In search of deep space textiles

February 12th, 2018 / By: / Featured

NASA needs textile manufacturing partners to support the success of future missions.

Astronaut Norishige Kanai of the Japan Aerospace Exploration Agency tries on a pair of spacesuit sleeves inside the Quest airlock in the International Space Station. To either side of Kanai are the U.S. spacesuits that were being readied for a pair of robotics maintenance spacewalks. Photo: NASA.

While NASA still has its sights set on a Mars mission in the 2030s, a more imminent project is in the works. The Deep Space Gateway is a joint project between the U.S. and Russia to build a miniature space station in lunar orbit, intended to be a gateway to enable human spaceflight missions to Mars and other planets.

“I envision different partners, both international and commercial, contributing to the gateway and using it in a variety of ways with a system that can move to different orbits to enable a variety of missions,” says William Gerstenmaier, associate administrator for Human Exploration and Operations at NASA, as quoted on “The gateway could move to support robotic or partner missions to the surface of the moon, or to a high lunar orbit to support missions departing from the gateway to other destinations in the solar system.”

And as in every mission since Project Mercury, the first human spaceflight program of the U.S., textiles will play a crucial part in the success and survival of the mission and its astronauts. “There are always changes in new programs and the way we have to proceed, and we adjust,” says Evelyne Orndoff, M.S., senior textiles engineer at NASA Johnson Space Center, Houston, Texas. “The priority doesn’t change, however. Logistics Reduction is needed for exploration of deep space. Logistics Reduction basically speaks to the mass and volume of everything we launch. It’s not just textiles; but it’s also everything for long-duration missions for which we don’t have resupply vessels.”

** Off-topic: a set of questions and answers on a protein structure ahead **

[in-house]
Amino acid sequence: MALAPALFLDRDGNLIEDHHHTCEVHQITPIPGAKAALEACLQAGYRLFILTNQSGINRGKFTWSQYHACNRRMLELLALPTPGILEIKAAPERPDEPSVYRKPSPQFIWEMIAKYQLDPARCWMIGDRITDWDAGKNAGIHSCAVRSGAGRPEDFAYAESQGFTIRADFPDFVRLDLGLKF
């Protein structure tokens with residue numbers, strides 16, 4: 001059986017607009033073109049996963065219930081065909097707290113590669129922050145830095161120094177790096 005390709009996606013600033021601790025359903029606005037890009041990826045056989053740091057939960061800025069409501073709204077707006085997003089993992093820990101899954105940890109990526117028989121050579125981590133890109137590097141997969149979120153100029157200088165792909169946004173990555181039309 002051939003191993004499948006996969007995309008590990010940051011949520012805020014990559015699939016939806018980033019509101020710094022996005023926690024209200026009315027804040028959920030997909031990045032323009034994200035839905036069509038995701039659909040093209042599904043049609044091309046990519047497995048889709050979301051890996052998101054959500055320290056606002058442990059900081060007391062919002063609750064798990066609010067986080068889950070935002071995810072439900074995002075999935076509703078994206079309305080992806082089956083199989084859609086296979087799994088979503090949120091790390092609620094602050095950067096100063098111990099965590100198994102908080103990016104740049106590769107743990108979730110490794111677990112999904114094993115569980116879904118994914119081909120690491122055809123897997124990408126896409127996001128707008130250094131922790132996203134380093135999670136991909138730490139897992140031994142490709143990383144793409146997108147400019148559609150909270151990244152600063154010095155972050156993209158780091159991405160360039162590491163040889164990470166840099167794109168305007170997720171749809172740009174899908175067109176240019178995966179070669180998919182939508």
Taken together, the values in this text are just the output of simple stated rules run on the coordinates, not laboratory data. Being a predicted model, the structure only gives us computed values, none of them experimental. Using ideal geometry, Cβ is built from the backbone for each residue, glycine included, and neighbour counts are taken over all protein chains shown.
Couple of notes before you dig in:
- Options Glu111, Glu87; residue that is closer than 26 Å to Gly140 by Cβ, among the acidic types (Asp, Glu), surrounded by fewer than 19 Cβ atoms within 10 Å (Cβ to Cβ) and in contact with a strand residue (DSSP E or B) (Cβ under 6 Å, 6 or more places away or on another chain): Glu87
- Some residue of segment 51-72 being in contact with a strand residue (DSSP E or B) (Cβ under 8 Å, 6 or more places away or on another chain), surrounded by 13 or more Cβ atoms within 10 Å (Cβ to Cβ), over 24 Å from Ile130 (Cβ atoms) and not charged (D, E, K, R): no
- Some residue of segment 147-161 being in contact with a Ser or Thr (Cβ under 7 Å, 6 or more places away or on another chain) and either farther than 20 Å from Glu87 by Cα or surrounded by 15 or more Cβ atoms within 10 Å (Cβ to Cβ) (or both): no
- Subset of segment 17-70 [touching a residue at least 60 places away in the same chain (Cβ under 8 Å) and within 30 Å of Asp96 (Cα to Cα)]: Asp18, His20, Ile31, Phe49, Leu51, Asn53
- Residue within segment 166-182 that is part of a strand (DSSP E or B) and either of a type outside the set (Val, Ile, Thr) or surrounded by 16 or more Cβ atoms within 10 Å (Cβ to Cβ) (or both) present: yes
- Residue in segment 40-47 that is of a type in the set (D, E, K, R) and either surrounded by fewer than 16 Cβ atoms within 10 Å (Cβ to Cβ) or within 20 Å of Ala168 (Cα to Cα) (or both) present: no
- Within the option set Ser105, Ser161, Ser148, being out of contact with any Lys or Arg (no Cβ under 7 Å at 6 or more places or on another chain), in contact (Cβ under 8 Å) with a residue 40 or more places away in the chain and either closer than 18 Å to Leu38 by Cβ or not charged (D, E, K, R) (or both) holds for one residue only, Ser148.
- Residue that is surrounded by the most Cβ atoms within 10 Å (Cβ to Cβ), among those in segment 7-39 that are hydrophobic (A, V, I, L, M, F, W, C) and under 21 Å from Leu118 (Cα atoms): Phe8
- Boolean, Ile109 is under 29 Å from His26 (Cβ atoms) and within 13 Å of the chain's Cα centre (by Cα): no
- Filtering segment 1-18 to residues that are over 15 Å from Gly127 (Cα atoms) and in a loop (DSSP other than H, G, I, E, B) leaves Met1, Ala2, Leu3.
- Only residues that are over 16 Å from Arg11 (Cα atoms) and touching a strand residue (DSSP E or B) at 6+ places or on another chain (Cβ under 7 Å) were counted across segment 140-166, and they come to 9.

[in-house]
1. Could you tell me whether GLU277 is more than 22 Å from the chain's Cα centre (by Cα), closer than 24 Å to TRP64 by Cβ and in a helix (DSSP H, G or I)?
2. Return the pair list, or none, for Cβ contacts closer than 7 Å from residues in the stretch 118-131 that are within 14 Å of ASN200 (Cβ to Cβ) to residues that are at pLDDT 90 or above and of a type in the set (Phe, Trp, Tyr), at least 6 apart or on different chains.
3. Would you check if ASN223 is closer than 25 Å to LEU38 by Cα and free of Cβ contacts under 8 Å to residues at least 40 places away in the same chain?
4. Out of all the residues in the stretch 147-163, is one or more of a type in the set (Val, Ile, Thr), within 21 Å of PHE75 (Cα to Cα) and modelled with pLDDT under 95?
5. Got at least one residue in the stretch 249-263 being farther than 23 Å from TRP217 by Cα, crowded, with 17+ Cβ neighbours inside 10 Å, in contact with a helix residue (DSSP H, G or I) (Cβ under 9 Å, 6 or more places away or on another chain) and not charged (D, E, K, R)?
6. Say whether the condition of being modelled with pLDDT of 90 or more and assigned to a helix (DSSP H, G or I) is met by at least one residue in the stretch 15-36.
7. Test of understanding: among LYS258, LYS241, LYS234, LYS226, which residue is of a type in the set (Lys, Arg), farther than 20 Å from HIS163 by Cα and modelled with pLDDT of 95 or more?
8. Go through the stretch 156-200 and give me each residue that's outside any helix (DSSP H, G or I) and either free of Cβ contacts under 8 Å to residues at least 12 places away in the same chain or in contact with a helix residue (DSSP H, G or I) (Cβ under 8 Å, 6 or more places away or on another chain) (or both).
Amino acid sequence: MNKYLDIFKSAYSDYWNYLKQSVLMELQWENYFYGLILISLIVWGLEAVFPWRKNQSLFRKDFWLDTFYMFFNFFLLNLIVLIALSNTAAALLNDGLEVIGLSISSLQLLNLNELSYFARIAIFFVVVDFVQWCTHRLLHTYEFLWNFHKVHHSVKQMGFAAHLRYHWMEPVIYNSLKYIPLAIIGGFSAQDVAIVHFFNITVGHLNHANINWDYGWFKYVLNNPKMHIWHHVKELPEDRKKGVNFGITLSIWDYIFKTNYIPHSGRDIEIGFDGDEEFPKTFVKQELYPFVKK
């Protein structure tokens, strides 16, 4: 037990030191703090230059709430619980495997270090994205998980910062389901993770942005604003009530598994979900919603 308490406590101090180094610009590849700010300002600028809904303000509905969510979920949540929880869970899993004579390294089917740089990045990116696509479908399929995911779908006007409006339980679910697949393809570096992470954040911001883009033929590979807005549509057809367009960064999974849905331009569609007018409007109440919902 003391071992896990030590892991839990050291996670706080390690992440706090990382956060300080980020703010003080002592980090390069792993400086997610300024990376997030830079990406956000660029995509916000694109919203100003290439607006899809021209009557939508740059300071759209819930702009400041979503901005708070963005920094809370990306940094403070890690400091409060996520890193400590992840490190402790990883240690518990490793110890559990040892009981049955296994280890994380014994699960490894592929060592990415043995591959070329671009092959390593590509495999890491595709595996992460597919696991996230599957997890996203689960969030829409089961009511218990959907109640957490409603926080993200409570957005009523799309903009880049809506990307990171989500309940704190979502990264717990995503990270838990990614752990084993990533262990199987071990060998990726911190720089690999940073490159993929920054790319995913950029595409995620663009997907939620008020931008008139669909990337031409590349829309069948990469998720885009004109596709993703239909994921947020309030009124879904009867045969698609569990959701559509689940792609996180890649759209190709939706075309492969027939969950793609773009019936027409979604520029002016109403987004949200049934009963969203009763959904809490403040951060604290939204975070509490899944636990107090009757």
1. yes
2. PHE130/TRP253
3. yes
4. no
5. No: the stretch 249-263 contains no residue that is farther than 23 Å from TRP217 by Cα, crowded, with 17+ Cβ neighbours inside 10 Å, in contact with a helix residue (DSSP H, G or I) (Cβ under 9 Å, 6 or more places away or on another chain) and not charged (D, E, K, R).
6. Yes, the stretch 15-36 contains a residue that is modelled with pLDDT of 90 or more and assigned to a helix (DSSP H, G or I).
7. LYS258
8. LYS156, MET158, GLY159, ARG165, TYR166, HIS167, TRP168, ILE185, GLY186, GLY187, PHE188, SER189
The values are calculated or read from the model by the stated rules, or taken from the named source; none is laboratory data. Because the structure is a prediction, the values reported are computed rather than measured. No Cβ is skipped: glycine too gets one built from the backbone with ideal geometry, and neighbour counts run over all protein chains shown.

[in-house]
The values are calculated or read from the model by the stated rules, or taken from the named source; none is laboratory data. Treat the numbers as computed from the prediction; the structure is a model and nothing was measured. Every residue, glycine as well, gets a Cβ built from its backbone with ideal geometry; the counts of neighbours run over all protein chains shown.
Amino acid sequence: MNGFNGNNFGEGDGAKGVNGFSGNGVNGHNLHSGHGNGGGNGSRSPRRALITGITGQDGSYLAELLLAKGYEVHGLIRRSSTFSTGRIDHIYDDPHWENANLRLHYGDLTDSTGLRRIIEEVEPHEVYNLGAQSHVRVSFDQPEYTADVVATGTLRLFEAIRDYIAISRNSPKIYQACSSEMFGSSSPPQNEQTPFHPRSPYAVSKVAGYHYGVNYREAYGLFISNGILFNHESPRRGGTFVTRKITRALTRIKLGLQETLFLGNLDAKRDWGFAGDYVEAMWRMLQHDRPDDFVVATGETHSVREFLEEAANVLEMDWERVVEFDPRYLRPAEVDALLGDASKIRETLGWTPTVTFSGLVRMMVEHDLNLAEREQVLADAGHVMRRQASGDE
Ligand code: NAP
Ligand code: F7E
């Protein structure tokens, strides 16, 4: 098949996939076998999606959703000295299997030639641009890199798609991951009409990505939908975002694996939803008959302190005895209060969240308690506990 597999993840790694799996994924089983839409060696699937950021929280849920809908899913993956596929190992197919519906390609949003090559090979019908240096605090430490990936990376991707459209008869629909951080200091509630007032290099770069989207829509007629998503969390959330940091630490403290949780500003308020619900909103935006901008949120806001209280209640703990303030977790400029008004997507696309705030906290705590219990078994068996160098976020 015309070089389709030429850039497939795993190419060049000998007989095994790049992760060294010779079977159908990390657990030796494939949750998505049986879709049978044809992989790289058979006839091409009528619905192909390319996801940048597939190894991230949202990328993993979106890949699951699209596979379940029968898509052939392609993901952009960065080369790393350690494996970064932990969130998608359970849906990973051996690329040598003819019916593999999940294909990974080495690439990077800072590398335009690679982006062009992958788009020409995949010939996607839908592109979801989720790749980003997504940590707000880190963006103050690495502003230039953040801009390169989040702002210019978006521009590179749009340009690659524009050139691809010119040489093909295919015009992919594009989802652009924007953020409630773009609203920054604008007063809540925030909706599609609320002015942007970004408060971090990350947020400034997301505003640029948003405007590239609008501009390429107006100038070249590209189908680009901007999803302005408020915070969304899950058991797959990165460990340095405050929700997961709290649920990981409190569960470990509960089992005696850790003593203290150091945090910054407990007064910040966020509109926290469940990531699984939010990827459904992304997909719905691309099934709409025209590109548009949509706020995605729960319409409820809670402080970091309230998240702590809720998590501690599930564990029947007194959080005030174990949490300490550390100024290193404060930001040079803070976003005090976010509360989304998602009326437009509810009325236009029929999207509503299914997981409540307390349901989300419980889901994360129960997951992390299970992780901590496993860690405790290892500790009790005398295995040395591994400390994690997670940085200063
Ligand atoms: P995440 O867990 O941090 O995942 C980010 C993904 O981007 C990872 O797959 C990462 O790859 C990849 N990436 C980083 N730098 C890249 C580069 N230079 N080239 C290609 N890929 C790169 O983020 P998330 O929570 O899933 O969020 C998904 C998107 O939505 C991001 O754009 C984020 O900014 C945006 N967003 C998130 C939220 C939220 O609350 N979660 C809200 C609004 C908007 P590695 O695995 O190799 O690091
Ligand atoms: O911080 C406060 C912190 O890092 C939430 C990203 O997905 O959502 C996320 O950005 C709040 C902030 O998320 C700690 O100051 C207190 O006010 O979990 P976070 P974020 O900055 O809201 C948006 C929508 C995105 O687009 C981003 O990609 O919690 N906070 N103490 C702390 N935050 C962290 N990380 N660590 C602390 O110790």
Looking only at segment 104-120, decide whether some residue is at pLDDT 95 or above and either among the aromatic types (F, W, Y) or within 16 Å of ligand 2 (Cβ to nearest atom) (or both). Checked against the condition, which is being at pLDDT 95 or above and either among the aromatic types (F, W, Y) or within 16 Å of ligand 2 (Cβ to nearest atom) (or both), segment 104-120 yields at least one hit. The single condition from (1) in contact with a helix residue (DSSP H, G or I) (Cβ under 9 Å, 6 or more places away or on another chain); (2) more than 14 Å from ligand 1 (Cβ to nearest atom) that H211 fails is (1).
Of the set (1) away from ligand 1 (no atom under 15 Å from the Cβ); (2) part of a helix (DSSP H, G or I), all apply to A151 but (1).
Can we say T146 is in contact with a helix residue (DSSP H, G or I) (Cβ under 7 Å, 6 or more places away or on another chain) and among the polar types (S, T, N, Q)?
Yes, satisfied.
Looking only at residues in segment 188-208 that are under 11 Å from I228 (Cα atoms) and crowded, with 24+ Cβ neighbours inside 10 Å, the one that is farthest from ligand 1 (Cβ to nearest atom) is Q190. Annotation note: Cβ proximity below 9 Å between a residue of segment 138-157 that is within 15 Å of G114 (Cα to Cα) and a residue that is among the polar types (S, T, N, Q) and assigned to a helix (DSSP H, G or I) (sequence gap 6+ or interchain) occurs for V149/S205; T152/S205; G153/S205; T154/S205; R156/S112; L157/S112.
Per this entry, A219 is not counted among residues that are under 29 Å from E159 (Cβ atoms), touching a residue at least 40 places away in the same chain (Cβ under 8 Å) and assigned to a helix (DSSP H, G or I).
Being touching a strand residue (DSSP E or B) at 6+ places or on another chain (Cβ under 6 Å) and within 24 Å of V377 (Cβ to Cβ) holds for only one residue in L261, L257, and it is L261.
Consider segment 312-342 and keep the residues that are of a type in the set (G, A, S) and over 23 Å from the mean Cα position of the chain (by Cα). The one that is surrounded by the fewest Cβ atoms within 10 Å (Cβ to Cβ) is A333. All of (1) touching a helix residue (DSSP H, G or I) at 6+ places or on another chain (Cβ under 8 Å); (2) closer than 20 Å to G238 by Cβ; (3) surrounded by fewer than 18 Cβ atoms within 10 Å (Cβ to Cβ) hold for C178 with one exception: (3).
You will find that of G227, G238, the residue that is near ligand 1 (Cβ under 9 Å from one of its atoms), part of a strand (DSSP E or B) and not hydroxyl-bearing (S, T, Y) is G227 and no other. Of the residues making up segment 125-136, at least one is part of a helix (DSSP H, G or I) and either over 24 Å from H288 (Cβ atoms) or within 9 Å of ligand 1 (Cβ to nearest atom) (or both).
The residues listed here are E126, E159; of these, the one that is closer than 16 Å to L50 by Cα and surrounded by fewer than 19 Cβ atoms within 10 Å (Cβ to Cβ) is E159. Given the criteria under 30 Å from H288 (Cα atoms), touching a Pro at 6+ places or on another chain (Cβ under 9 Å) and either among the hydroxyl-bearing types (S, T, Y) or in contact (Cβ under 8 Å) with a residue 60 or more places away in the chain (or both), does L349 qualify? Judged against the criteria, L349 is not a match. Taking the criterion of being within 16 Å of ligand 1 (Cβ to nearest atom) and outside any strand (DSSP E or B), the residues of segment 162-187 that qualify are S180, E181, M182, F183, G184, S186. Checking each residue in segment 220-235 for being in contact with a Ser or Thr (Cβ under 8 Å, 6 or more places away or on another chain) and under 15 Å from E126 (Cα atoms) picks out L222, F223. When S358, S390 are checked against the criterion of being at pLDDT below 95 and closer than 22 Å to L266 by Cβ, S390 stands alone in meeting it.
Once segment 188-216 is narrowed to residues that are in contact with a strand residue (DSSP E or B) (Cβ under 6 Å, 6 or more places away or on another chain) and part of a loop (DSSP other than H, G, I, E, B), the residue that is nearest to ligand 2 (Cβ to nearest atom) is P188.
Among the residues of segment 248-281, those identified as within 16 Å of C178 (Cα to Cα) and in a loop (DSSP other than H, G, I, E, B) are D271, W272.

Orndoff and her team are focusing on everyday clothing the astronauts will wear, which have very specific requirements. In addition to mass and volume limitations, clothing textiles need to address the perennial problems of odor, lint and fire retardancy and melt.

Self-cleaning technology